The following is the December blog post by John Howard Artist in Residence Johnny Trinh. To read more on Johnny’s Residency, click here.
It was December 19, 2018, I walked into the John Howard Society Lower Mainland for the first time as incoming artist in residence. I vaguely remember Lindsay brought some vegetable chips and a box of mini chocolate bars. Around the table, 3-4 participants were colouring, it was like a gathering of old friends, a sweet denouement. The intention was to introduce me to the participants and help smooth the transition between Lindsay, my predecessor, and myself. I remember leaving the session with mixed feelings. I was excited by the opportunity, and curious about what I would bring to this space and its people.
December 10, 2019 marked the last session of the year. Not to fret, we’re back in January 2020. It has been quite a year. I’m really appreciative of how the duration of this residency has provided a real sense of the rhythm of the Client Services Office. I’m looking forward to a few weeks off so I can reflect on the process, and compose next year’s plan.
Admittedly, leading up to our season finale, I had a bit of trepidation. Since Thanksgiving, there was a sharp dip in attendance, and it seemed that engagement had regressed. Some days, it felt like I was on the road again, playing small gigs in random venues, hoping people would show up. Some days there was a disconnect between what I had planned, and what the participants wanted, like you’re playing original music, but your audience just wants classic rock. Funny enough, this literally was the case. During our music jam sessions, we devise new music based on genres, chord progressions, and other prompts. This appeals to many, while others just want Bon Jovi, Clapton, and Hendrix. At our last session, we did end up playing an impromptu cover of Oasis’ “Wonderwall,” it brought me back to dorm room jam sessions back in university. The original plan was to do holiday carols, have a sing along, and share in holiday treats.
For the last day we made holiday ornaments with glitter clue, felt cut outs of stockings and snowmen, and stickers galore. After a few weeks of trying to engage through textile art, I wanted to return to some of the craftier, and more accessible activities that people seemed to enjoy. Many requests were made for what we’d nibble on, and I delivered the promised eggnog, hot chocolate, and Christmas cookies.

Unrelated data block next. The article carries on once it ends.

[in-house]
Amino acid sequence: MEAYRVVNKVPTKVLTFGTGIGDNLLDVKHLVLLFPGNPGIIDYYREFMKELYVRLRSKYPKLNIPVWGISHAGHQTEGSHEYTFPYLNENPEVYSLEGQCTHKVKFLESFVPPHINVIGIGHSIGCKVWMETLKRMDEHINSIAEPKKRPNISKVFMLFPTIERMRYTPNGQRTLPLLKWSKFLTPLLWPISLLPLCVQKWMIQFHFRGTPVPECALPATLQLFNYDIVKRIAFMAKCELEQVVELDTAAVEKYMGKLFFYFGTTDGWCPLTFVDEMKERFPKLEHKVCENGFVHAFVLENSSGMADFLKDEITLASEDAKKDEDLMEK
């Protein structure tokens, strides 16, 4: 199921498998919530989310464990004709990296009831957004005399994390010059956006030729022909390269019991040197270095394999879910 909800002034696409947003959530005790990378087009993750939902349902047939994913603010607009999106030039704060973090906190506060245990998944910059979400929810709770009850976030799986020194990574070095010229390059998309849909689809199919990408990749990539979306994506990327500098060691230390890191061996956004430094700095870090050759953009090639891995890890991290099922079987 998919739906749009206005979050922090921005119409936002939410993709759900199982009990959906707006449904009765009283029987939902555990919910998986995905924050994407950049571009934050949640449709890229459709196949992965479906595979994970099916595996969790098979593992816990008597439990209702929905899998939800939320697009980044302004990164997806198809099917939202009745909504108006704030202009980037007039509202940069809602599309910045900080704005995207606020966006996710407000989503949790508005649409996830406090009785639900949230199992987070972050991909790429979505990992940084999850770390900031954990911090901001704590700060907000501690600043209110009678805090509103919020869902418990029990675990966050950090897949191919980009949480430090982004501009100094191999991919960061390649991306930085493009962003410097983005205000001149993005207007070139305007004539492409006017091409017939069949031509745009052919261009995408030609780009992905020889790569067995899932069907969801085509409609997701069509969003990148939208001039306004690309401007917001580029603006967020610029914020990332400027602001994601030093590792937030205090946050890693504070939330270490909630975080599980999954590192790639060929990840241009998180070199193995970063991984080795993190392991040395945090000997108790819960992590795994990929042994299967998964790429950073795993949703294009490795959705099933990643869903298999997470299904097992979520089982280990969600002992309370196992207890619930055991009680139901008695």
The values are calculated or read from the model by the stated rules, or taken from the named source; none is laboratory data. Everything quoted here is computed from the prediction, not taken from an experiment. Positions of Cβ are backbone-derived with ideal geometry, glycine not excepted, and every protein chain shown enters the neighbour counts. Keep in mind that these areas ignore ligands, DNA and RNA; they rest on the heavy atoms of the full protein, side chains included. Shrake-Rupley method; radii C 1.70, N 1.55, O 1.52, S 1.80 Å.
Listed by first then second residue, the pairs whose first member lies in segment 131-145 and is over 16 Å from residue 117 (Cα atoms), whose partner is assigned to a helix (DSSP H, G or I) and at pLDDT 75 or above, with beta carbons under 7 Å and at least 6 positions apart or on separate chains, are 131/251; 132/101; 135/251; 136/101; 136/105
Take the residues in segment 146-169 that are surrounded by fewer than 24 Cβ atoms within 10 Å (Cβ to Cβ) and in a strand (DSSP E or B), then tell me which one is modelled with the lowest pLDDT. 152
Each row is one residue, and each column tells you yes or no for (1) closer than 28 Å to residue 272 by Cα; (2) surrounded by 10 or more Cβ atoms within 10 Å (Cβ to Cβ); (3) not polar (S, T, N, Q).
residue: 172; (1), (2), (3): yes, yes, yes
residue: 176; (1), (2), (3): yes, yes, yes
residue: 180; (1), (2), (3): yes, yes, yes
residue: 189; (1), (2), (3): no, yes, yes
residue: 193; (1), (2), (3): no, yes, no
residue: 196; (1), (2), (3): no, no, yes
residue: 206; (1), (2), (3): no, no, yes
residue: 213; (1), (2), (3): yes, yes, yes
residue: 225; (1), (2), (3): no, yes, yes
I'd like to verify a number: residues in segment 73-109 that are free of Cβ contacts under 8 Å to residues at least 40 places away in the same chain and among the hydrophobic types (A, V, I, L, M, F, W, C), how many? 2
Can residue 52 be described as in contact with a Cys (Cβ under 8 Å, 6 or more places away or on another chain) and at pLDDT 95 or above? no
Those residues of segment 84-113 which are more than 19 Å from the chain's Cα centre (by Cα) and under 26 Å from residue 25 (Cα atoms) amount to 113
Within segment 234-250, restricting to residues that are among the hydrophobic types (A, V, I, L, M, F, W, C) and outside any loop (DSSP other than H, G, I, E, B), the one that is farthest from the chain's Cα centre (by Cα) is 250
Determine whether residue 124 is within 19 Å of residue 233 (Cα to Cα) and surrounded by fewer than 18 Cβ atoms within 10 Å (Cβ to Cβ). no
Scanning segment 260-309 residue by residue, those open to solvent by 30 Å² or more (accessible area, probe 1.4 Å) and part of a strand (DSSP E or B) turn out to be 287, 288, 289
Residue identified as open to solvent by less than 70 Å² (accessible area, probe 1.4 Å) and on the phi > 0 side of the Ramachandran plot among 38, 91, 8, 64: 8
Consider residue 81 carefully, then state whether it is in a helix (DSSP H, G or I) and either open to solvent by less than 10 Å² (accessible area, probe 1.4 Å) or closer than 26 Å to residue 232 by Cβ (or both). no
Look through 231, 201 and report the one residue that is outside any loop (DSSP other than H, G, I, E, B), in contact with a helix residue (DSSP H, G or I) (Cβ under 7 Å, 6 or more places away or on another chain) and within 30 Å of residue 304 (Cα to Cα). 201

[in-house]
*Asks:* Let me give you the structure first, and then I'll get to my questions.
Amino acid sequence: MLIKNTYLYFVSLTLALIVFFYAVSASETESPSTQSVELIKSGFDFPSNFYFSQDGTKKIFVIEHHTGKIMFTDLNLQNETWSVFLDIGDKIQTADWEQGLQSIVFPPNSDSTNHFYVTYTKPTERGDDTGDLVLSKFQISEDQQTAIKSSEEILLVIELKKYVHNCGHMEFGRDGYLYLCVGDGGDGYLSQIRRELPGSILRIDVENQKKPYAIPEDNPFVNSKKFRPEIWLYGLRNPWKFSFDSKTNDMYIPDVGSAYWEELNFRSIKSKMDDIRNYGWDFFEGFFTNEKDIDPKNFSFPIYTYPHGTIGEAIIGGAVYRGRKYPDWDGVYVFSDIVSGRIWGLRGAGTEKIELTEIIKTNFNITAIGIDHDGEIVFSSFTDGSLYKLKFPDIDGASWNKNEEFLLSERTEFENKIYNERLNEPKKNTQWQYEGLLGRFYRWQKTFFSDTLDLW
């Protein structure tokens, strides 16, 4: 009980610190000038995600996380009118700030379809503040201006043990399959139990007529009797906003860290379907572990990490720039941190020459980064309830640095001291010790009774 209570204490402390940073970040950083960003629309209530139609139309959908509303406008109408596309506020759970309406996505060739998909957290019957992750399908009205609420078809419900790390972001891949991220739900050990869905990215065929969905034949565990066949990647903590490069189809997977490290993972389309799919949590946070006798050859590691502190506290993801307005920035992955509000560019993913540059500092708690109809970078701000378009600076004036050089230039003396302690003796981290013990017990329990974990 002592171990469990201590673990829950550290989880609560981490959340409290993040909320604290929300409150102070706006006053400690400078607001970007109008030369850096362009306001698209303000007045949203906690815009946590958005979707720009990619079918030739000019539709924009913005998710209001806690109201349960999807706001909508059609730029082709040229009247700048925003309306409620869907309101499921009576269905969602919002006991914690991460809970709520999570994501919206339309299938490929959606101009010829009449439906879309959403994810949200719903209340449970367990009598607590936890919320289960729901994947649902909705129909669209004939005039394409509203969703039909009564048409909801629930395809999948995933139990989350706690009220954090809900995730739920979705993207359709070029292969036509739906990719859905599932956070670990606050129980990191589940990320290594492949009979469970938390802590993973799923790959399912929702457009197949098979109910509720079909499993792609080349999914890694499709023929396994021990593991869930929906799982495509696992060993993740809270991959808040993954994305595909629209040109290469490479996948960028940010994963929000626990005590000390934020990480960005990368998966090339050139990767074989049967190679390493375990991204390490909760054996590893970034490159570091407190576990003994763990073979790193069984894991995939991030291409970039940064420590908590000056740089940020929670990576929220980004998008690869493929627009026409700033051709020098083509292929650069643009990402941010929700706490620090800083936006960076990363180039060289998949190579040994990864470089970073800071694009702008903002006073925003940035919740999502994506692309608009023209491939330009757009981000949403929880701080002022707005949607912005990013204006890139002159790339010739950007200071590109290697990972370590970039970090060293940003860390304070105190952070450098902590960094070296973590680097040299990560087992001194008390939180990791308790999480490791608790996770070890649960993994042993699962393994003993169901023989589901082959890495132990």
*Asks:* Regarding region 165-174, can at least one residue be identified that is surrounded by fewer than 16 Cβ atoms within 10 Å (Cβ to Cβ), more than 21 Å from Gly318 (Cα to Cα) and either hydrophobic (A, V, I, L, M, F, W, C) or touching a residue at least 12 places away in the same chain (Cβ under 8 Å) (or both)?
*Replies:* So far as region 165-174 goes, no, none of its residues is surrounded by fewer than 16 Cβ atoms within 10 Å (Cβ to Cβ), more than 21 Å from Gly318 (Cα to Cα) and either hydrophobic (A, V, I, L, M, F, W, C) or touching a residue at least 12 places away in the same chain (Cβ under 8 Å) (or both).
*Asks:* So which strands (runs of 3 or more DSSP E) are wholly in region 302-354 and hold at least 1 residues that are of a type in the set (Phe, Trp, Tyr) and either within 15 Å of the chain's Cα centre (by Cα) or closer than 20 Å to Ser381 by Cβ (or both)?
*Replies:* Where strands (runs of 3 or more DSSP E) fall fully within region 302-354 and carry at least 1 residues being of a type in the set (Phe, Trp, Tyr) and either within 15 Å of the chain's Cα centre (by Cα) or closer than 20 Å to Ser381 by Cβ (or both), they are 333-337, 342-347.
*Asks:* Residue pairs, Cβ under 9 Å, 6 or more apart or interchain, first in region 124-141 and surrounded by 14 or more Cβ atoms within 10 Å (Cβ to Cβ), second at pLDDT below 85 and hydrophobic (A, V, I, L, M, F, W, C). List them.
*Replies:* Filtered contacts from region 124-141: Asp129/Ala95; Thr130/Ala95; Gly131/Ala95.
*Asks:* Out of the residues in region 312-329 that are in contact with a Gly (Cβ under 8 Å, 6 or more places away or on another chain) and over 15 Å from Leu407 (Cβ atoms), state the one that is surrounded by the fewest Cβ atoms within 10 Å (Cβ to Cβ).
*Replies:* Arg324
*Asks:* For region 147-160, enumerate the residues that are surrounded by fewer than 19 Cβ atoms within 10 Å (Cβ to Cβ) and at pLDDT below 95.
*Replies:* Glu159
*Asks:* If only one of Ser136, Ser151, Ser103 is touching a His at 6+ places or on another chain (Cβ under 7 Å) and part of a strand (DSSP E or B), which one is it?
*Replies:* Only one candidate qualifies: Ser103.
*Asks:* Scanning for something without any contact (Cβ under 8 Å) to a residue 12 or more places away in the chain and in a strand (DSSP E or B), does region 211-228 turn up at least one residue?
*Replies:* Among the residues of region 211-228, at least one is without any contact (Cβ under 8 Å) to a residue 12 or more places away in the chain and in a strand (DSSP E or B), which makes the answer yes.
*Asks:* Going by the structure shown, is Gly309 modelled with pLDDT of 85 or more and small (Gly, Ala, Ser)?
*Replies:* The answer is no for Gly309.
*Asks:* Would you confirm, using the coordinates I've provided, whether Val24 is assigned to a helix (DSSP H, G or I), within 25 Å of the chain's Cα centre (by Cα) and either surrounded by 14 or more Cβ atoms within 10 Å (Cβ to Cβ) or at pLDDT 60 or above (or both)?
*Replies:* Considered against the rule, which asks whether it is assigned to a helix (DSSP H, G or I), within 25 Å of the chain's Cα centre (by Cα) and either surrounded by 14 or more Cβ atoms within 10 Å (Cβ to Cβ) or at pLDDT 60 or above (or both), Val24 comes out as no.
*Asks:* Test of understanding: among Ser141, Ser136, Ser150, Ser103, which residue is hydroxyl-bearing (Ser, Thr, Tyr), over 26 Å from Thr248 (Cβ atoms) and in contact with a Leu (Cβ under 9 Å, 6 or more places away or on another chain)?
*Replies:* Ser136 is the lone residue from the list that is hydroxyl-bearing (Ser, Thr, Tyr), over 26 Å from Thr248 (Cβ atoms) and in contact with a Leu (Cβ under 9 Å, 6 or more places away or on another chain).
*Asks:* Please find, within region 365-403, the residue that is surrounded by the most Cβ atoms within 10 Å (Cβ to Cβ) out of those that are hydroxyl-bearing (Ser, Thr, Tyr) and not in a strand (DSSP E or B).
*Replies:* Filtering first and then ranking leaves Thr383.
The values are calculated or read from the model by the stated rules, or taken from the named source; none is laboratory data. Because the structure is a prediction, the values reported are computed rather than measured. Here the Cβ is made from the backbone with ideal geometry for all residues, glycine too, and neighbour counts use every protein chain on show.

What was most reassuring was that on our last day, attendance picked up significantly, and all the familiar habits of having a large gathering were realized again. As I looked around the group, it was bittersweet to see where people were at. As a community, as an ensemble, there’s been so much growth. For many months, my blogs have continually extolled on the many breakthroughs our participants have achieved. And like any community, there’s been personal challenges for committed members. Miguel fell into relapse on multiple occasions, and I haven’t seen him in a few weeks. Jessica has grown a bit distant, focusing on other activities that take up much of her energy. This isn’t a bad thing at all, we just miss her. And her absence is a reminder that folks only have a certain capacity to engage. I guess that’s one thing that brings the tinge of bittersweetness, as I look around the room, I also see the vacant seats.
Amy recently had a psychotic episode related to substance use. Over the last few months, I was able to witness a decrease in conversations with the voices she heard during our times together. Since her episode, it’s clear that the frequency to which she visibly engages with the voices has increased. She does however continue to reconnect with the group of participants.
Fred and Jimmy are ever present, they come every week, ask about the following weeks, anxious to know that the residency will continue next year. As much as there are moments of sadness, and unfortunate circumstances, there is an incredibly powerful sense of resilience in our wee troupe. I’m most grateful for the ability for us as a collective to come together and build community through art.
I’m excited for next year because of all that we’ve learned this year. Reflecting back, I am eager to explore how this model can apply to other spaces and organizations. I’m excited to pass on this knowledge, and hopefully support other community-engaged artists in their work.
Though community based work is something I do professionally, there was a significant period of time when my focus was on outreach, and administrative roles. This experience has reaffirmed many of my passions within this practice. It has also validated the knowledge I have, and instilled in me a greater sense of confidence in my ability to do this work. This personal growth for me could not have happened if it weren’t for the continual support from Eric, Andrea, Teddy, Lisa, Brienne, and David who have really supported this work, and made this program possible. Most of all, I need to recognize ALL the participants who have walked through those doors to be part of our weekly gatherings. Whether they are service users, or staff & outreach workers, or volunteers, being in the space, and choosing to engage when your life is full of other burdens takes a great deal of generosity and compassion.
So to my participants, and to you, readers,
Happy Holidays, and may your days be filled with wishes that can come true.